Thursday, July 23, 2009


My girls and I took a week away from camp and work and getting the house in shape, and spent it at a house borrowed from a friend of my parents on Cape Cod. It was a short week (M-F), but it was still a lot of fun to be at the beach and away from our normal routine. And I managed to keep most of the work stuff at bay for the week. Most of it.

Apart from spending time at the beach (which Juli is drawn to; Ava not so much because she's a little afraid of waves), we drove up to Provincetown, read, ate greasy food at the house and at seafood places, and rode our bikes. I even bought a new carrier for my Thule bars so I could bring down Juli's mountain bike, my Paramount and the trailer bike for Ava, while also schlepping food, clothes, bedding and beach stuff needed for three people for 5 days in my little Mazda.

The bikes came in handy for getting to the beach, and Juli's little plastic handlebar basket was invaluable for carrying a pair of rolled-up beach towels. Enough so that I'm thinking about picking up a couple of Wald wire baskets to cable-tie to the various racks on our bikes when we need them. We also took a couple of longer rides - one around 5 miles and one just over 14.

The 14-miler was mostly on the Cape Cod Rail Trail, which starts in South Dennis, about two miles from the house we borrowed, which was in Dennis Port. And it was on that ride that I was reminded of how important praise is to kids. Well, people in general, when they do something well. But kids get a lot of negative feedback from adults -- particularly kids like Juliana who have strong wills and short attention spans -- and it's important to highlight for them what they're doing well.

At the head of the CCRT,we passed a youngish couple with their new baby about to set out on a ride. The parents were both trim and athletic and had nice bikes. Their baby was riding in a handlebar-mounted seat on Dad's bike, which I thought was both cool and a little scary, having always kept my kids low and in a Burly trailer when taking them out as infants and young toddlers. Anyway, we saw them, they saw us, and off we went, leaving just ahead of them. We kept up about a 16mph pace when we were rolling.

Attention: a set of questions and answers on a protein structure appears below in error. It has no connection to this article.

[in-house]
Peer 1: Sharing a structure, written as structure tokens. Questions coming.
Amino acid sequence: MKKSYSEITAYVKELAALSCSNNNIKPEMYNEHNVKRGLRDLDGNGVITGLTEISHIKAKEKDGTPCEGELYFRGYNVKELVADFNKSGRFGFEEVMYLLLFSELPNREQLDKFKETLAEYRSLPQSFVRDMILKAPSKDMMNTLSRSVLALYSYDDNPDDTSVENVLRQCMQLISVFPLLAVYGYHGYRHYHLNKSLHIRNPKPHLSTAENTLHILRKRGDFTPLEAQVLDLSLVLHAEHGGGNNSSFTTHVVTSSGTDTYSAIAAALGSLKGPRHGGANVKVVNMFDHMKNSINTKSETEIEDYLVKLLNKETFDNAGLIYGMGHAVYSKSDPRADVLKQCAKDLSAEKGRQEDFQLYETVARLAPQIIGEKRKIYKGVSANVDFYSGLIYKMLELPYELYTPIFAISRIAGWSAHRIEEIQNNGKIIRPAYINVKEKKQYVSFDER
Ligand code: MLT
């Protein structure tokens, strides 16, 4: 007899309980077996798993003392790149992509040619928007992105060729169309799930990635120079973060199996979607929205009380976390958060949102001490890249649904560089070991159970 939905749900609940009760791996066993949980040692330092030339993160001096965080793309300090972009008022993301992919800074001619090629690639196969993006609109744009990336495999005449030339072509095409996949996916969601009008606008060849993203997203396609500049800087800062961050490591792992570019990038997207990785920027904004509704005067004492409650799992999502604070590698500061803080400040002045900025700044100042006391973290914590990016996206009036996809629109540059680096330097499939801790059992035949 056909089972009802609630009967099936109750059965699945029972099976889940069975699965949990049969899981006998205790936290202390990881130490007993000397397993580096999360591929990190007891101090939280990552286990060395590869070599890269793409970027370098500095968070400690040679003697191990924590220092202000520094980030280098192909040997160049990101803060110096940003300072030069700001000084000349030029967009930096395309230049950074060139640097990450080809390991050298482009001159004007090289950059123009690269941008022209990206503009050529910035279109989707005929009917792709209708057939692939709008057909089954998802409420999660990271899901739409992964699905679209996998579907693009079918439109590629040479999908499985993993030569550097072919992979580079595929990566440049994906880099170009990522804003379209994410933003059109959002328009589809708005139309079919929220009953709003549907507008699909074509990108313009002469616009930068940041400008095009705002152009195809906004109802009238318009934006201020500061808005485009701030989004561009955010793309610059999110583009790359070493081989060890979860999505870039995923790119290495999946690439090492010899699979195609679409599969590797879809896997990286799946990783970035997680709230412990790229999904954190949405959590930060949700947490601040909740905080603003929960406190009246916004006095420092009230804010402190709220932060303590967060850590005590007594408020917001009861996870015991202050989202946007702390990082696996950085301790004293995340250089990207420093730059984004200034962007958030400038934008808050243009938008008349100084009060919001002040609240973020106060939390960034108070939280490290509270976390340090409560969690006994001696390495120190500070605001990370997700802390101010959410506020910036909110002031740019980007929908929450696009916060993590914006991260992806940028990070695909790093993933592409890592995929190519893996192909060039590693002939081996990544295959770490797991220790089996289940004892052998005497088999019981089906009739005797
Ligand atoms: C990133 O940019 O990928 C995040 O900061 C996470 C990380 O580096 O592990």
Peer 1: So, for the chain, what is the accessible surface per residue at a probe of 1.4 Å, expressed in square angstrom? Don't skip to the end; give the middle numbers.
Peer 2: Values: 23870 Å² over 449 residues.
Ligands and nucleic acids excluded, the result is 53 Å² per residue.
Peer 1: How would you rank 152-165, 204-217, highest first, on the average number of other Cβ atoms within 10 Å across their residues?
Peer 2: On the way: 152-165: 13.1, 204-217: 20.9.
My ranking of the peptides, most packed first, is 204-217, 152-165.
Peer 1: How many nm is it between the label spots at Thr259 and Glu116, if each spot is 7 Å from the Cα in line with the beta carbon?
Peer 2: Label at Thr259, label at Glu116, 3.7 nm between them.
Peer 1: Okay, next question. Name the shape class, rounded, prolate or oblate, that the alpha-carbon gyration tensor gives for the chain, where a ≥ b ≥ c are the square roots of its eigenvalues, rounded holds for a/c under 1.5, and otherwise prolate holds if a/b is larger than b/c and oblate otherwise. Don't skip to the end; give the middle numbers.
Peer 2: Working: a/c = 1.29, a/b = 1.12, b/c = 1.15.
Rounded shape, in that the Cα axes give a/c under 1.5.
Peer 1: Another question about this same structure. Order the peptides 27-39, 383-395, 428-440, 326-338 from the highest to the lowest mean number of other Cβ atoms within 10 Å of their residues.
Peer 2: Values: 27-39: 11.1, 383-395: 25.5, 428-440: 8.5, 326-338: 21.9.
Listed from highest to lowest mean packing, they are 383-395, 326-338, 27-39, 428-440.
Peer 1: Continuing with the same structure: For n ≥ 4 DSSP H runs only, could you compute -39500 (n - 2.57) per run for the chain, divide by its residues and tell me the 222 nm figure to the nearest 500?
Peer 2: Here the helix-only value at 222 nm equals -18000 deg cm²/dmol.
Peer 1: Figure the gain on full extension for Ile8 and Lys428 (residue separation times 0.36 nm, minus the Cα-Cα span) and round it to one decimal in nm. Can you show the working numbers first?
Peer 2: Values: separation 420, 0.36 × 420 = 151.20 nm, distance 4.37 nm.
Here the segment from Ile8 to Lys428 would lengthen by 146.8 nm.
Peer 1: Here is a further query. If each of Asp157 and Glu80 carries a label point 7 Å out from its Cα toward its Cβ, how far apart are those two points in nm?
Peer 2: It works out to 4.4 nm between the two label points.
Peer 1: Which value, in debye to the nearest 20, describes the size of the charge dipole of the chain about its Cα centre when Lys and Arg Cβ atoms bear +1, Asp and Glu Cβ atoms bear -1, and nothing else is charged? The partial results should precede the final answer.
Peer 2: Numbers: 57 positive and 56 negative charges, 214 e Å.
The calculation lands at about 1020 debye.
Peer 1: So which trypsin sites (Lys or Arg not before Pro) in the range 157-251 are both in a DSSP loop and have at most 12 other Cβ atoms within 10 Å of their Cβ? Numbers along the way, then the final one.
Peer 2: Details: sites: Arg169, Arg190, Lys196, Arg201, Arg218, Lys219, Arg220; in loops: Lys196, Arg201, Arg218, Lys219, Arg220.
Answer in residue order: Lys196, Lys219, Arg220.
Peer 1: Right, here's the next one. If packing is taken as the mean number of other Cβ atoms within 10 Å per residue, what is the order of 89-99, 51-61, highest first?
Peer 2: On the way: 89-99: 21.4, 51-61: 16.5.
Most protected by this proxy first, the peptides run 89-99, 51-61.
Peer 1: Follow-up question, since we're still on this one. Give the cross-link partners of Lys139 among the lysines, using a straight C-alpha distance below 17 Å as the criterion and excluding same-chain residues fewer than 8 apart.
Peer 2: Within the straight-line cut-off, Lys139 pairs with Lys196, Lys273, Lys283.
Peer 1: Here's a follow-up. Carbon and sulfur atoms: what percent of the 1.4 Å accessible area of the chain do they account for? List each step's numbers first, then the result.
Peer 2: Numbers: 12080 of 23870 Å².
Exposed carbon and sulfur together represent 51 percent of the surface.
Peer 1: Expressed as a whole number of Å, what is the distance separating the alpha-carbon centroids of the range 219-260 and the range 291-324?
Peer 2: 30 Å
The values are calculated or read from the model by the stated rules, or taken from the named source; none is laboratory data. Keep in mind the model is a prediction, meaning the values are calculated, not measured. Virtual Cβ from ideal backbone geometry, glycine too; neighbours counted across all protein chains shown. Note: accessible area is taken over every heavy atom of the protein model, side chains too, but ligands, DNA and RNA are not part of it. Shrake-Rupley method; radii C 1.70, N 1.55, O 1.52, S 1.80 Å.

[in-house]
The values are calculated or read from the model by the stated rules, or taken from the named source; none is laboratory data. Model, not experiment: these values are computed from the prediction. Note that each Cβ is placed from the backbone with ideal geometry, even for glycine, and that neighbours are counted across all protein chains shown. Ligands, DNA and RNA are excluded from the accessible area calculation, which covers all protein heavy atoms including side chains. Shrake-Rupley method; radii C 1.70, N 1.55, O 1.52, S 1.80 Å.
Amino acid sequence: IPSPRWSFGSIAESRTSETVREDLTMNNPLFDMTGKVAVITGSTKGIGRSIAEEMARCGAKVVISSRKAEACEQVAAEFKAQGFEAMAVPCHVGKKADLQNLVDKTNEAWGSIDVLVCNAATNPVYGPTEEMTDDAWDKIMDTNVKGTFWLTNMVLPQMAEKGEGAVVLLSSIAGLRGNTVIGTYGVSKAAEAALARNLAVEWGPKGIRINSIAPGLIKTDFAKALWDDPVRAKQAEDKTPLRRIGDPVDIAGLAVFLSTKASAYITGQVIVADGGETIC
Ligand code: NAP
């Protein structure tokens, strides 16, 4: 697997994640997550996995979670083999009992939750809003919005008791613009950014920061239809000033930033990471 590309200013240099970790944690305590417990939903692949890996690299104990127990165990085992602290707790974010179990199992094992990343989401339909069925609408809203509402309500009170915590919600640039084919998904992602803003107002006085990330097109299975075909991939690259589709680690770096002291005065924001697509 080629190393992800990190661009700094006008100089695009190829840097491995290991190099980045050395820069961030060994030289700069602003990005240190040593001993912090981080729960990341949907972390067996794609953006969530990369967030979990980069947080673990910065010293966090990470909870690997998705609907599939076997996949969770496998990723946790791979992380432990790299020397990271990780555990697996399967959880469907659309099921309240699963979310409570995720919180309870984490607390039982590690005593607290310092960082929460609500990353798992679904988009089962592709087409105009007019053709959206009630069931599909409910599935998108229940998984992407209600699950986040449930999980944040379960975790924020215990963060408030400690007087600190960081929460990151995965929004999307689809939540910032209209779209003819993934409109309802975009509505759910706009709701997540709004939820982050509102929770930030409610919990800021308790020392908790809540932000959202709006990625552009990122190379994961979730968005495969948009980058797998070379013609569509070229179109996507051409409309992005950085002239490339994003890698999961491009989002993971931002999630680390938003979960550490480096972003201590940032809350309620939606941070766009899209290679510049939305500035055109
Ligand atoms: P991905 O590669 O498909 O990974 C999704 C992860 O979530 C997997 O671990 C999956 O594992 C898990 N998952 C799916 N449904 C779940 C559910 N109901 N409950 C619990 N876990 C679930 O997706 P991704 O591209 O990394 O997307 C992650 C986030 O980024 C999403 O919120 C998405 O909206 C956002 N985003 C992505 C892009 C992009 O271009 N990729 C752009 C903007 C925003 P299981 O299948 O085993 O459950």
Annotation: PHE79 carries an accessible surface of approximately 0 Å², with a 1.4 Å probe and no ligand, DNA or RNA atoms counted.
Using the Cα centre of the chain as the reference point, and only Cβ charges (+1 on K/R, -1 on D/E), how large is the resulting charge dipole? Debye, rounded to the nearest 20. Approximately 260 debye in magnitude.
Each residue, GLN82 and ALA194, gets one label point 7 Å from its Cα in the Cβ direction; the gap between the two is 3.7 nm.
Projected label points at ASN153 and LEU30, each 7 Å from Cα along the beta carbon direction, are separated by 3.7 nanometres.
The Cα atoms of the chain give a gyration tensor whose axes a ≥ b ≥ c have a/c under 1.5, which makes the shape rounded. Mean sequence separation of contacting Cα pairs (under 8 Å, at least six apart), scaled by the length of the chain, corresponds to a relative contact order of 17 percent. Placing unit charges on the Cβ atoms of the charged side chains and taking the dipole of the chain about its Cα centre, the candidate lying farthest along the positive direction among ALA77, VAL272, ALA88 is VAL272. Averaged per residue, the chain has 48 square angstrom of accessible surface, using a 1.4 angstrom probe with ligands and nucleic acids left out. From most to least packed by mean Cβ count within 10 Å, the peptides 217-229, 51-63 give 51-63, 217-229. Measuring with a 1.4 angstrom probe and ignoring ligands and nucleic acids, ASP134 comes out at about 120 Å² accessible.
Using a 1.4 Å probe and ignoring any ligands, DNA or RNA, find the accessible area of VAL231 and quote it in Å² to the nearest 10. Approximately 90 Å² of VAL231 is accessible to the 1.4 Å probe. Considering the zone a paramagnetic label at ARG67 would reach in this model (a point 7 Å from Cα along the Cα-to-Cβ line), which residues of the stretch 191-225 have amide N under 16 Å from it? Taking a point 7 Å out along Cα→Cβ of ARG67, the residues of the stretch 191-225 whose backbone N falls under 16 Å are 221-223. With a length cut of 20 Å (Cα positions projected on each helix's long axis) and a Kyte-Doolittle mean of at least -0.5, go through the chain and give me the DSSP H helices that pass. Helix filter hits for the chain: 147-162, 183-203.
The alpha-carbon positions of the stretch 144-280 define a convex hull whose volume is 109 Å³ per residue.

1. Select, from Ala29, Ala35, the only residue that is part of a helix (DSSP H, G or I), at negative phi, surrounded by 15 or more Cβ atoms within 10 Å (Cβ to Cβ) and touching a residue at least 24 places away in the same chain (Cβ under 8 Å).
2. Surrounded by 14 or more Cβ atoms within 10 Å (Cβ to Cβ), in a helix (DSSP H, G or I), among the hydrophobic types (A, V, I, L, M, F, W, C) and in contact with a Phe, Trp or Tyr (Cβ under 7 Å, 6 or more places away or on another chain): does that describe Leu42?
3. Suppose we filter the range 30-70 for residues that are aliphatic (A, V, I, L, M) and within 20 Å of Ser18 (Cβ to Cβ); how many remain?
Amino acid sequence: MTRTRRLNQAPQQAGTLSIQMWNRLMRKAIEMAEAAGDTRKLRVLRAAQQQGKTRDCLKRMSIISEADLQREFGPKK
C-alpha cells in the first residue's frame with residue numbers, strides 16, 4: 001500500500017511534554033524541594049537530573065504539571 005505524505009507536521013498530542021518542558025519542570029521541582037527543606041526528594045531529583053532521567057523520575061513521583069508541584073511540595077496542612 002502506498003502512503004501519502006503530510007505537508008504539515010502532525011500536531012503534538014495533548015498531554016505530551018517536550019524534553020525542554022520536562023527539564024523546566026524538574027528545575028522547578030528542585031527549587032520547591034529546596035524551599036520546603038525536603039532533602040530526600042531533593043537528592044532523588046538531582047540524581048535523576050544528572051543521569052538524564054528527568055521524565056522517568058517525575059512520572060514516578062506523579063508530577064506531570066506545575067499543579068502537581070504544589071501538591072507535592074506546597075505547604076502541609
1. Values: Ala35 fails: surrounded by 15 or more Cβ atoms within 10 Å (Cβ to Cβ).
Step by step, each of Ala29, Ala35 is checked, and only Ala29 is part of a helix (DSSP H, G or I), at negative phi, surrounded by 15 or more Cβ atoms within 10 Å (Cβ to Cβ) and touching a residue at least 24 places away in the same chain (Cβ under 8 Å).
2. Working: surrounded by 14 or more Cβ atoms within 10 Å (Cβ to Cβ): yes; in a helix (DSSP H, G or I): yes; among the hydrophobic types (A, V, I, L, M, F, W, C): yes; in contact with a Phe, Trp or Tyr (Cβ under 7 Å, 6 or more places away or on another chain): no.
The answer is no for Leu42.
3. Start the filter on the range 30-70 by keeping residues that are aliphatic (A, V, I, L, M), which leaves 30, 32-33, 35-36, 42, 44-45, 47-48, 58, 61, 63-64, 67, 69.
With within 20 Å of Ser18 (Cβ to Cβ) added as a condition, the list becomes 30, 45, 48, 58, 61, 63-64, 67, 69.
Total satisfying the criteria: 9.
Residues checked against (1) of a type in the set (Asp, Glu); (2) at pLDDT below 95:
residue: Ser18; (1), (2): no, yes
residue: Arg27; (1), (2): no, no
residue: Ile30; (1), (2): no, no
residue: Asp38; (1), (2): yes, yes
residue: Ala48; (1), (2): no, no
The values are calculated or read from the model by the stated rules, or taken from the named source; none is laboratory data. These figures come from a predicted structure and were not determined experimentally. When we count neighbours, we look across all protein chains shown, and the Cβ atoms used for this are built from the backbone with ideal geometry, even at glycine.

If you do the math, you can see we did about 5 miles each way on the trail. Just a little past the first rotary in Harwich. Probably half a dozen street crossings each way, and a couple quick stops for water breaks. During one of our water stops, the other threesome passed us, and we quickly overtook them shortly thereafter. I didn't hear this directly, but at around our halfway point, Juli told me that as she passed the group (Juli was at the tail of our procession most of the ride) the man remarked to his partner, "That kid can ride!" as she cruised past on her little 20" Performance mountain bike. Which, of course, she can.

My response at the time was to the effect that she is a strong rider, yes, and that it was neat that someone else had noticed. But of course I ride with Juli all the time, and I've spent the past few years coaching her with choosing gears and keeping up a spin -- I take Juli's riding strength as a given. It wasn't until later in the ride that the impact really sank in.

When we got back to the trail head, that litle family had beaten us back, having turned around a bit sooner than we had, and/or not dallied at the rotary on the way back like we did. We bumped into the dad as he walked from Barbara's Bike Shop back to the parking lot of the rail trail. He and I gave each other a "Hey" as we passed, but he made a point of telling Juli she is a really good rider. She was obviously proud, and it stayed with her for the next couple of days.

Juli is a wonderful girl, but in some ways she's a tough kid to parent. Bright, eloquent, strong-willed, artistic and always turning over what she can create. She's still working out how to get along well with others, and she's quirky enough not to fit in with many of the other children, particularly other girls. Her self esteem has suffered from the social challenges at school, from power struggles (strong willed, remember) at home and at school, and from the collapse of my marriage. She's having a tough run right now.

That other rider offered Juli genuine, unsolicited praise. Praise I've also offered, but in this case unencumbered by a parental relationship. I don't know if she will remember all of this in a year or five years, but I can say that in the moment it made her realize she's good at something. For a little girl struggling to find her place, it meant a lot.

And for that simple act -- of kindness, of enthusiasm, and of respect -- he has my gratitude.

All for now,


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